Reduced tillage eliminates the primary cultivation with the plough.
Although it offers the advantage of reduced cultivations and is generally more time-efficient compared with a plough-based system, reduced tillage still involves several passes of machinery and brings the associated downsides. Firstly, repetitive farm machinery traffic results in loss of soil structure and causes compaction, particularly in wet weather conditions. On poor ground, some of the operations, e.g. cultivating or power harrowing, may need to be carried more than once to achieve the desired results. In such circumstances, up to 2 hours per hectare could still be required to prepare a good seedbed, despite the elimination of the ploughing step.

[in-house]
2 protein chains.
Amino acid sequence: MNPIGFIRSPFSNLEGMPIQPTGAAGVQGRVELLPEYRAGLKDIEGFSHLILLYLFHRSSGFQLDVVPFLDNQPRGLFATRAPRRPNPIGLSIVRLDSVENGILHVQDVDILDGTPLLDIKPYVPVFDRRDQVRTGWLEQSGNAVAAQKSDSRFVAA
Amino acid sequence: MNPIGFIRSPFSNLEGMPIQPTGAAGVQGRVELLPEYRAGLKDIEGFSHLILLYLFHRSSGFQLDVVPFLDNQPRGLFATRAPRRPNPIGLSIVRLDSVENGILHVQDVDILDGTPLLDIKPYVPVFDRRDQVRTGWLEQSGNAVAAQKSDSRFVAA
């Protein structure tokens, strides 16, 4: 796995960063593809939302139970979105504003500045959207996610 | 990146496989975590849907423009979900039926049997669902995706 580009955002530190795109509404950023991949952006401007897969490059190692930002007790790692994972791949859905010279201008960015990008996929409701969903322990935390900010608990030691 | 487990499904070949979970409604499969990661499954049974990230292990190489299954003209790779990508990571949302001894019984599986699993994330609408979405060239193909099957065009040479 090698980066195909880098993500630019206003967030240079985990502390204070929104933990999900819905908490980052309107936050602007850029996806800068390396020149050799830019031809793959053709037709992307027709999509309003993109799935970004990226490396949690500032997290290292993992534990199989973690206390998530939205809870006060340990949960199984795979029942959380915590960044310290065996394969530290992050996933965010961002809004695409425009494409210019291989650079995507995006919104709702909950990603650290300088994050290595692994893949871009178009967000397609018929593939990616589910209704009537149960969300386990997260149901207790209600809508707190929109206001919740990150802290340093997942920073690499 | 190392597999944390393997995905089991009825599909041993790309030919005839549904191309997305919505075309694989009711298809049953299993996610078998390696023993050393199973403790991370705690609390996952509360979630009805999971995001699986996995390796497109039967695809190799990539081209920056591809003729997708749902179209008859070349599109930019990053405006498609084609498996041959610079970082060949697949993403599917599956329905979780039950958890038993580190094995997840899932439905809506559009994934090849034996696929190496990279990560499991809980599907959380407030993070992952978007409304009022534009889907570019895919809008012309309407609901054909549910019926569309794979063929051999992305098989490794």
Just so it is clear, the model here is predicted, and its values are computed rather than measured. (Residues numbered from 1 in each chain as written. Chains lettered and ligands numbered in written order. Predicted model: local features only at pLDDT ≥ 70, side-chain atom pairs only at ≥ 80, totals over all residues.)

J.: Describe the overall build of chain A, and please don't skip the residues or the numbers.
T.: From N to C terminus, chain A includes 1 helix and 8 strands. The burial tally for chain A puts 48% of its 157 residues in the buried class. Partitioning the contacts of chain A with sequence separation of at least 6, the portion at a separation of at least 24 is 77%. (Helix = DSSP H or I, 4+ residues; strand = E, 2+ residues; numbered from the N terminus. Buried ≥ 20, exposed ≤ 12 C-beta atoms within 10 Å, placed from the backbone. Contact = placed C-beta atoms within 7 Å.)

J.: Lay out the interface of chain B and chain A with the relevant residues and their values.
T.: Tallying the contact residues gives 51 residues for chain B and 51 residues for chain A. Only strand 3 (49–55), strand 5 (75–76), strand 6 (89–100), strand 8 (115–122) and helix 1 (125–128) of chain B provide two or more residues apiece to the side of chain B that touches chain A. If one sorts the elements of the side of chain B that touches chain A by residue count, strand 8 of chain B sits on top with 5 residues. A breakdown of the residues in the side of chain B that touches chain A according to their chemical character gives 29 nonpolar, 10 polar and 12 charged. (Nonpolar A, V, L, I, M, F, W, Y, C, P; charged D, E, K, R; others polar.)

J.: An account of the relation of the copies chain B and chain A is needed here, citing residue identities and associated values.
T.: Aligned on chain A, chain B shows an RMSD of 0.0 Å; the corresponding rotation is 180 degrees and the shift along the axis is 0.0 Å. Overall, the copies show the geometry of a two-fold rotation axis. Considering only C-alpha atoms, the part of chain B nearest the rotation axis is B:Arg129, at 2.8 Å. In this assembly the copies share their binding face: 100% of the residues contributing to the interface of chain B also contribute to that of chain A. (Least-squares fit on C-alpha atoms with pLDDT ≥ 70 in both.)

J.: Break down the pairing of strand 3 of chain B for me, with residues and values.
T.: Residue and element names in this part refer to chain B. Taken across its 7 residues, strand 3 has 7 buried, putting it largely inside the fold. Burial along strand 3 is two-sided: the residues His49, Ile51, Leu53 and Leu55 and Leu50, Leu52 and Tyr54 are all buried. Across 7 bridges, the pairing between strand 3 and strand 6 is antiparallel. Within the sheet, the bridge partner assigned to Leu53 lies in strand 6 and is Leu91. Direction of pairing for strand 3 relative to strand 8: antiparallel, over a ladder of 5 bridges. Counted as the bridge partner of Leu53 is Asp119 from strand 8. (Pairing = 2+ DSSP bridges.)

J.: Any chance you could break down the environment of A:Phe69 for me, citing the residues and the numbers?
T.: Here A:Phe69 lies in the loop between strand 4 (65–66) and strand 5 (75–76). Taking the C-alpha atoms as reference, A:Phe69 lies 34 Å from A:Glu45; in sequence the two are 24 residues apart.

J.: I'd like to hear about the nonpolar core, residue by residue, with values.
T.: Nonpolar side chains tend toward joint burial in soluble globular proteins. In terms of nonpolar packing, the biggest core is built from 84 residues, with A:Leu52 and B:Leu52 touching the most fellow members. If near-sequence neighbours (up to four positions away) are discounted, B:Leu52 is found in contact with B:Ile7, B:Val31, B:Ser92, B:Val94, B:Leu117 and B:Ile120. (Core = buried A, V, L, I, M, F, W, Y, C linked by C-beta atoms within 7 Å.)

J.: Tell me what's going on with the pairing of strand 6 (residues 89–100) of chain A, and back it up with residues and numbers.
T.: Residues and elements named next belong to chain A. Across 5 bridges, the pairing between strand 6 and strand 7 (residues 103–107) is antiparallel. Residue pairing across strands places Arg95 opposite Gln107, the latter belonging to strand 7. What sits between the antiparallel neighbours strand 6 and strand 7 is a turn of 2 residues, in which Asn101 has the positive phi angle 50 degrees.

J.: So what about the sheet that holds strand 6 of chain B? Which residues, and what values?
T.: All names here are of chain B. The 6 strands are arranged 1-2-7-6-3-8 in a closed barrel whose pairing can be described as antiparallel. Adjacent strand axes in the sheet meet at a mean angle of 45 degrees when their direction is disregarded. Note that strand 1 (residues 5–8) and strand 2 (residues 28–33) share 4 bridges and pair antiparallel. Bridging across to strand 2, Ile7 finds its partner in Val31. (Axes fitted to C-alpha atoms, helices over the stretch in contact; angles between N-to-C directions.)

Reduced tillage mixes the straw into the surface. This, combined with the effect of numerous passes, dries the ground out, depriving the seed of moisture. The presence of crop residue in the top layer of soil also presents the risk of contamination which is detrimental to crop germination.